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Old 03-24-2013, 08:35 PM   #1
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Question rx failures

I fly using Fly Sky 2.4 electronics and over the past year or so have purchased 15 rxs so that I don't have to constantly change over rxs between planes. Recently I've begun to realize that I've had what I consider to be too many rx failures. I've had four give out over the past few months and have had some pretty spectacular crashes as a result. Each time the rx seems fine in all tests and then after a few minutes in the air it seems to lose it's bind and the plane comes straight down... no power... no servo control. When this happens I leave the tx on and and when I walk to the destroyed plane the rx light is still on and not blinking, which suggests that it's bind is OK, when obviously it wasn't a few moments earlier.

Now my question:

Is there something inherently wrong with the Fly Sky FS-R6B receivers so that an inordinate number fail, or am I doing something wrong other than keeping escs away from rxs, which I am very careful to do?

Your help will be very much appreciated as I'm tired of losing planes. In fact, now when I get a new rx I test it out with several flights in my cheap foamies before I'm brave enough to switch it over to my expensive balsa planes.
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Old 03-24-2013, 09:12 PM   #2
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Welcome to WF, Sal. These are tough to troubleshoot. I'm not an expert, and hopefully some others will add their advice, and I don't use Fly Sky equipment. But my first question would be what kind of models and power setups are you using these on? I'd wonder if this is a brownout due to low voltage to the rx. Another thing to consider is antennae placement and wires and stuff near the antennae.

The other crappy part about situations like this is I'd start to wonder if it isn't the rx's, but the tx that's the issue.

Like I said, hopefully someone with more knowledge and experienced with that equipment will chime in soon. Good luck!
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Old 03-24-2013, 09:12 PM   #3
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You may also have flaky TX. My buddy had one (different brand) and we blamed it on RX until he gave me some of the 'suspect' ones and I was able to use them without any trouble at all. Difficult problem to diagnose. Having failures with multiple RX is pretty suspicious.
New TX, problem gone.

But, I do suggest a careful look at your power system to make sure that is up to snuff. You need to make sure the BEC in the ESC is up to the servo load, etc.

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Old 03-24-2013, 09:55 PM   #4
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Had a similar problem and found out my receivers were fine. My Spektrum DX7 tx had a defective RF board. Sent it back to HH for repair, they replaced the board, and have not had a glitch since. Blamed my receivers in the beginning, too.
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Old 03-24-2013, 10:03 PM   #5
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Yes, RX after RX 'failure' starts to make you think it may not be the RX.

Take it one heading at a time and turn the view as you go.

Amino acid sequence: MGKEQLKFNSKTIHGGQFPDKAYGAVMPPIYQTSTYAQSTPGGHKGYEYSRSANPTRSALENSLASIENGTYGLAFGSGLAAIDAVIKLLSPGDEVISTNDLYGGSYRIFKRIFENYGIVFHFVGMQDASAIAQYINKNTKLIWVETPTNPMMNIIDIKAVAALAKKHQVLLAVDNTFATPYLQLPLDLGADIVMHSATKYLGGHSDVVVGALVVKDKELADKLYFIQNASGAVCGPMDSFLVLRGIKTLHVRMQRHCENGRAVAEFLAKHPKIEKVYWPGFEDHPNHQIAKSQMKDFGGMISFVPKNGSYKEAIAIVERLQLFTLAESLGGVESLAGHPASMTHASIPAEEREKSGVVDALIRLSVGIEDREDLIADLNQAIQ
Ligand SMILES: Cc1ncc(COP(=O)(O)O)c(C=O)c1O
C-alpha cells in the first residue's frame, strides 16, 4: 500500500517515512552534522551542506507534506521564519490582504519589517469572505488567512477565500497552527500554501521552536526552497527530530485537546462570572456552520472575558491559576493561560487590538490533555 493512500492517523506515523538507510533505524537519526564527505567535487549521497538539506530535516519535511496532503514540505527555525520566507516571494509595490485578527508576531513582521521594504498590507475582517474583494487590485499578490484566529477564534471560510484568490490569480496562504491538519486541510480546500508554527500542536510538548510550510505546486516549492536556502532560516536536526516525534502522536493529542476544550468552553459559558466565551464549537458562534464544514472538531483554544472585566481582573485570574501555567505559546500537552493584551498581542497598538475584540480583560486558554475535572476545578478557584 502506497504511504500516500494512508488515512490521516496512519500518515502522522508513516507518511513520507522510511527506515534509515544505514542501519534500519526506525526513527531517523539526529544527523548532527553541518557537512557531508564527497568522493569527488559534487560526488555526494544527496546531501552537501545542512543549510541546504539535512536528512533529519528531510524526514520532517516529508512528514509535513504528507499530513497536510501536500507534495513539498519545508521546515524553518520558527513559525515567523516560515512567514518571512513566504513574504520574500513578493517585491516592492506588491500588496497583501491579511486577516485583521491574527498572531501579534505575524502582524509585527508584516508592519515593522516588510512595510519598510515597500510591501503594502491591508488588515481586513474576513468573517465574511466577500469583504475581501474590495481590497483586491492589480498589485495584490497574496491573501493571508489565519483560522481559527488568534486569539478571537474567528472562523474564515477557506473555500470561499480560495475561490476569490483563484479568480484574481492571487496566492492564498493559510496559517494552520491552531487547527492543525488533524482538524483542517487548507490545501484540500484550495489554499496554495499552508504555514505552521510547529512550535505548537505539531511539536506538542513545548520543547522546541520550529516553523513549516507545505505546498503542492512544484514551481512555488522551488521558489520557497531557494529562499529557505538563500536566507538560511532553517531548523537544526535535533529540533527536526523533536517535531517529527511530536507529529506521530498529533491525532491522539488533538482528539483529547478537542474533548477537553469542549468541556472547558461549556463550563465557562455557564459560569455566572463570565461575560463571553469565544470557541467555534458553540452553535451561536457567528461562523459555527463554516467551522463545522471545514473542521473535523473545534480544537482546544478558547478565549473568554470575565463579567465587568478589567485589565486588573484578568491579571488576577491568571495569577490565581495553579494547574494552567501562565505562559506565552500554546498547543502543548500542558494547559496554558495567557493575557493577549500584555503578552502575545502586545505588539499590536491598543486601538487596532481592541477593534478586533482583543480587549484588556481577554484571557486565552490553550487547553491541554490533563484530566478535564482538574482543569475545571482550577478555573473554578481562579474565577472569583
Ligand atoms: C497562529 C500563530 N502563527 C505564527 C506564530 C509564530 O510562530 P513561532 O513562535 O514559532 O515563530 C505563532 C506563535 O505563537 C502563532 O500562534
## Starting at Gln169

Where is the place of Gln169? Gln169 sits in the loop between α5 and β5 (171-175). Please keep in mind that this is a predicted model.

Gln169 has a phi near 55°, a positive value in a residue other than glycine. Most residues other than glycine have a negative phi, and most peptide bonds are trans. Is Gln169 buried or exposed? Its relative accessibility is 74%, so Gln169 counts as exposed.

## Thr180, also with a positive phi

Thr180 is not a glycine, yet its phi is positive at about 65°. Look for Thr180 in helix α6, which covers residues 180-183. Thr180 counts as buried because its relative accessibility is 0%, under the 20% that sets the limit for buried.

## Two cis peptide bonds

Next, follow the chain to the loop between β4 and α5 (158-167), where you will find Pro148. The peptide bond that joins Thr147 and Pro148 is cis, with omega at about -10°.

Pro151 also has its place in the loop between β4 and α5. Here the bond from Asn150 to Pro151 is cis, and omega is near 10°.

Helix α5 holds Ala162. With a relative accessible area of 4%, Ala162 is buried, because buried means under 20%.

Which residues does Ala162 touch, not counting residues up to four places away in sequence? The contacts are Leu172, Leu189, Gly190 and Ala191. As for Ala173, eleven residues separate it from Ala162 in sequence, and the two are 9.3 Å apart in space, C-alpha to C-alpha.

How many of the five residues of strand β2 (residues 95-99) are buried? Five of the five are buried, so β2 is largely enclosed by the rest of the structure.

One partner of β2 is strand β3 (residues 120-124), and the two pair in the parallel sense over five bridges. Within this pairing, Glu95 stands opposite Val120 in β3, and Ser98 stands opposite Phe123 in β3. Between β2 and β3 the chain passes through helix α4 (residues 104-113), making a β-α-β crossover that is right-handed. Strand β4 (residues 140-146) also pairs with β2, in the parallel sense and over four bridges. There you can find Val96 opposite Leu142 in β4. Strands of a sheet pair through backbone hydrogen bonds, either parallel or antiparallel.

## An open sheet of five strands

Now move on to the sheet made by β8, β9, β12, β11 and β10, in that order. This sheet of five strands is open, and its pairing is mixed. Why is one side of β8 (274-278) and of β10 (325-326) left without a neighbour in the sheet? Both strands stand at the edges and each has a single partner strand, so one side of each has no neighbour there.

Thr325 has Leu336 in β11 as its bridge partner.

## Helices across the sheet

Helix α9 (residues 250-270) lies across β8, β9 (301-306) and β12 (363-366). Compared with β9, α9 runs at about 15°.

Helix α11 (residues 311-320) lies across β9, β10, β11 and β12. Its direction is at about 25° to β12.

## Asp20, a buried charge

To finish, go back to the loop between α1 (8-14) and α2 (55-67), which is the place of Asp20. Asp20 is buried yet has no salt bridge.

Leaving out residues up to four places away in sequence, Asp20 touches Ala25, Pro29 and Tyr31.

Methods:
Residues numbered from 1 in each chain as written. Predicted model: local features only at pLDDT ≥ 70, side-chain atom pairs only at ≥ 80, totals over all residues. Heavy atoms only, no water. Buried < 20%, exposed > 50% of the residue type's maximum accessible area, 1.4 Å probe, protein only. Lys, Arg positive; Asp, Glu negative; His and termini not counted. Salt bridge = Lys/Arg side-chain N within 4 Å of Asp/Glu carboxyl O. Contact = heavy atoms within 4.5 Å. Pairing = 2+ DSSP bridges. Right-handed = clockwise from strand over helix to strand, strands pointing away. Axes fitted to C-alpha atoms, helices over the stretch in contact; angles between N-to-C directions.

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Old 03-24-2013, 10:34 PM   #6
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Originally Posted by Sal View Post
I fly using Fly Sky 2.4 electronics and over the past year or so have purchased 15 rxs so that I don't have to constantly change over rxs between planes. Recently I've begun to realize that I've had what I consider to be too many rx failures. I've had four give out over the past few months and have had some pretty spectacular crashes as a result. Each time the rx seems fine in all tests and then after a few minutes in the air it seems to lose it's bind and the plane comes straight down... no power... no servo control. When this happens I leave the tx on and and when I walk to the destroyed plane the rx light is still on and not blinking, which suggests that it's bind is OK, when obviously it wasn't a few moments earlier.
Now my question:
Is there something inherently wrong with the Fly Sky FS-R6B receivers so that an inordinate number fail, or am I doing something wrong other than keeping escs away from rxs, which I am very careful to do?
Your help will be very much appreciated as I'm tired of losing planes. In fact, now when I get a new rx I test it out with several flights in my cheap foamies before I'm brave enough to switch it over to my expensive balsa planes.
Most likely cause is using to many servo for the BEC in use - overheats, shuts down and then cooled by time model as hit the ground.
BEC originaly for control of motor and only two small servo, now people sre using 4+ servo.
Use a SBEC aka UBEC or switchmode regulator

Electronic Speed Control - Why BEC and LVC cause most EP RX problems, posts #2 & #3.

Much more information available under sub sections
"Battery Care, Performance & DIY Battery Packs."
"ESC & BEC - Setup to prevent majority of all RF Problems, Brownouts & Crashes"
"Glitches & Jitter in Receiver, Servo & ESC - Causes and Cures"
below
"Radio Systems, Accessories, Alterations and FAQ" at
Alan's Hobby, Model & RC FAQ Web Links

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Old 03-24-2013, 10:56 PM   #7
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I have 26 FS-R6B receivers, fly every day, and have never had a problem.
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Old 03-24-2013, 11:25 PM   #8
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Default Fly Sky rx failures,

Thanks for the tips.

I have tried another Fly Sky tx, as after awhile I DID become suspicious that it may be the tx not the rxs. I had the same problem. Also, I tried the bad rxs in my old bullet proof Hobby Zone Super Cub, the plane I learned how to fly with and have repaired innumerable times..., in case it was an electronic interference problem within the planes... same problem with the same rxs in the super Cub. I'm going to try an independent BEC hooked up in parallel to the power input side of the ESC to power the servos. It's something I hadn't thought of and easy enough to do.